This was an occasional sermon. To celebrate the dedication, special invitations had been mailed. Commemorative bulletins had been printed. The Seminary community had been hearing about these windows for years. Aware of the occasional nature of this sermon, Schmitt wasted no time acknowledging the elephant in the room. His opening line (“There is a joy that happens when hearing turns to seeing”) not only captured a general truth about life, but it also named what was happening for his hearers in real time. Everything that followed was designed to help his hearers see these windows rightly.

These windows are a three-fold gift. First, they are a gift from the Fincke family. The Eugene E. and Nell S. Fincke Memorial Trust generously provided the funds for the seminary to purchase and install these windows. And we thank our donors for their concern about the spiritual life in this place. Second, they are a gift from the artist, Rich Busswell, the senior artist and designer of Lynchburg Stained Glass. Rich sat in our meetings and listened to our conversations and half-formed thoughts and took those words and made them into beauty. But third, and most importantly, they are a gift from God. God has created us to be visual creatures. People who not only hear but also see. And, today, God invites us to gaze upon the beauty of the Lord and to rejoice in his everlasting love.

As we prepare to dedicate these stained-glass windows, I would like to meditate on that theme: Jesus invites us to gaze upon the beauty of the Lord that we might rejoice in his everlasting love. Two points: Jesus invites us to gaze on the beauty of the Lord that we might rejoice in his everlasting love.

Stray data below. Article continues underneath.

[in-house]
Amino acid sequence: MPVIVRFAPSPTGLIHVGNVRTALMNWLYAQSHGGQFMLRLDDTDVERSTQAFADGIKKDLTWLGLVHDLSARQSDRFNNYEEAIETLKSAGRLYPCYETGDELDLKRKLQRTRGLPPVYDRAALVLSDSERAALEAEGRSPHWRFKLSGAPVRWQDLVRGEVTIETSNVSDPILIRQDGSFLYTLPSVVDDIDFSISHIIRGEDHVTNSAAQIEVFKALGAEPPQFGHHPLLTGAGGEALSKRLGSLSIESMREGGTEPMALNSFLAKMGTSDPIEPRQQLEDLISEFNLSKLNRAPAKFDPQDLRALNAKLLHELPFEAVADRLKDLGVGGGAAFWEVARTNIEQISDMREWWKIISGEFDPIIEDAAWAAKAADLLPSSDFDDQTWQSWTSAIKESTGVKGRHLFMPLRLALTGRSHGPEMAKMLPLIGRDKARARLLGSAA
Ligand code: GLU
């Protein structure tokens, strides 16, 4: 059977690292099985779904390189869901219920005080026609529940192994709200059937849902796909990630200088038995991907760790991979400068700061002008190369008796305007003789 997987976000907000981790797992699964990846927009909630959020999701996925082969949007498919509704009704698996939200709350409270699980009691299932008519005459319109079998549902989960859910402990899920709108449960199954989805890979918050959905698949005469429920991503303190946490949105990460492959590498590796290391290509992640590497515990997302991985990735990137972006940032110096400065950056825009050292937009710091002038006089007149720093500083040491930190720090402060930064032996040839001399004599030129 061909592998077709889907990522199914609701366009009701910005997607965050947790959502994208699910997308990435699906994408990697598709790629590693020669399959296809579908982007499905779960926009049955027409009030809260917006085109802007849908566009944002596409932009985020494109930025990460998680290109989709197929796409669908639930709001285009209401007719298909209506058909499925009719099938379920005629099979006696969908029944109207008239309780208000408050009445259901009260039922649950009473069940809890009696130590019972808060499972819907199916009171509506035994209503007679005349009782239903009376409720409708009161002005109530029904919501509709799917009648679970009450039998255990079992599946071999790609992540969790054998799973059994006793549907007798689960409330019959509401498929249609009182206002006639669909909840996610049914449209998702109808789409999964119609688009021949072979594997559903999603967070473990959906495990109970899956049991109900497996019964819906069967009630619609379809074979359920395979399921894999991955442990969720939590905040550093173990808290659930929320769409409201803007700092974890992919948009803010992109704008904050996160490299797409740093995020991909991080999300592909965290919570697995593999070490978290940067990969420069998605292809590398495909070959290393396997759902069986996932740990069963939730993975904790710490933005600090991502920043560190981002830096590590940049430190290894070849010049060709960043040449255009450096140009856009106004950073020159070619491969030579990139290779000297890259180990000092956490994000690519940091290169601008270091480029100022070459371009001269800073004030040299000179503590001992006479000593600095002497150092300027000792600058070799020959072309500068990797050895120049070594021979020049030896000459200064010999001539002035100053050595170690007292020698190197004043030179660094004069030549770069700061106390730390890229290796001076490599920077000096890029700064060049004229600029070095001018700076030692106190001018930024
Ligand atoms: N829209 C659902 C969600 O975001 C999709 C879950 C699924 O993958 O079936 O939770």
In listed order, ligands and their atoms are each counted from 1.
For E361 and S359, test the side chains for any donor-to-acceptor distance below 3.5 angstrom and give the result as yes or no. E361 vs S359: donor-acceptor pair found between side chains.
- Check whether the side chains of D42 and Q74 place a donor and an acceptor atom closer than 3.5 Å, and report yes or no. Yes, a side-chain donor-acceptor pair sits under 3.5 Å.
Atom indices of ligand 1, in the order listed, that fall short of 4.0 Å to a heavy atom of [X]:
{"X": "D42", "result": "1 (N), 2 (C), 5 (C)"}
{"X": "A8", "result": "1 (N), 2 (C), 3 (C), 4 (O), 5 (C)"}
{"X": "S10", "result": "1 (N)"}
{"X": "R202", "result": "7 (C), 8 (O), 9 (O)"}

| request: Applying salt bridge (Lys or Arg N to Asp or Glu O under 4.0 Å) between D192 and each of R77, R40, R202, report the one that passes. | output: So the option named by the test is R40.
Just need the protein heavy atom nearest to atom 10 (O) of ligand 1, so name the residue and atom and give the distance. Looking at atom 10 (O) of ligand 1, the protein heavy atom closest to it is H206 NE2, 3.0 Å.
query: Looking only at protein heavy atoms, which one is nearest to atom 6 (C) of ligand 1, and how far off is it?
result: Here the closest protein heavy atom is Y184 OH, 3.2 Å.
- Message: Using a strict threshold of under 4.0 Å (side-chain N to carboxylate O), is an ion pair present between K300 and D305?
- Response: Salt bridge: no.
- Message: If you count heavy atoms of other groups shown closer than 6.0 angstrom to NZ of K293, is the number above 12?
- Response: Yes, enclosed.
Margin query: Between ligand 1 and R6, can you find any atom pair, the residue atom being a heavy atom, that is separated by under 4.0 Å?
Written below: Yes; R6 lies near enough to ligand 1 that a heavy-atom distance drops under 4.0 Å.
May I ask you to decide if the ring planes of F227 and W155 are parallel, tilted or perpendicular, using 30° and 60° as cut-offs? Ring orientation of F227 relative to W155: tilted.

The preacher has two options for communicating the main idea in his sermon. The sermon could unfold inductively. Such sermons work backwards, so to speak. They begin with particular experiences, observations, and thoughts. Then, as the sermon progresses, the focus finally comes into view near the end. In an inductiv

e sermon the preacher implicitly asks his hearers to go with him without knowing exactly where they are going. This approach has been trending in homiletical conversations for the last fifty years as a result of renewed attention to the experience of listening to sermons. Advocates of the “New Homiletic”[2] encourage preachers to maximize hearer engagement by delaying the main idea until late in the sermon. When done well, inductive preaching is highly effective.

Schmitt is fully capable of delivering a faithful inductive sermon. But in this instance, he opted for the more traditional alternative by developing the sermon deductively. That is, he told the hearers what he would be telling them and then slowly unpacked his main idea over the course of the sermon. This was a wise choice for several reasons. First, the chapel was filled with guests, many of whom Schmitt did not know. More importantly, they did not know him. Inductive sermons are more challenging when the preacher does not have a personal relationship with his hearers because they require additional trust—especially in a culture dominated by suspicion. By stating upfront the focus of the sermon, Schmitt set his hearers at ease and allowed them to listen without wondering where he might be taking them. Second, a deductive approach has the potential to make more space for creativity in a sermon. This is counter-intuitive, for inductive preaching is often thought to be the more artistic choice. But deductive sermons simply shift the potential for creativity from the macro to the micro level. Instead of focusing his artistic attention on the unveiling of the overall focus, Schmitt worked within more defined spaces of individual rhetorical units to engage his hearers creatively.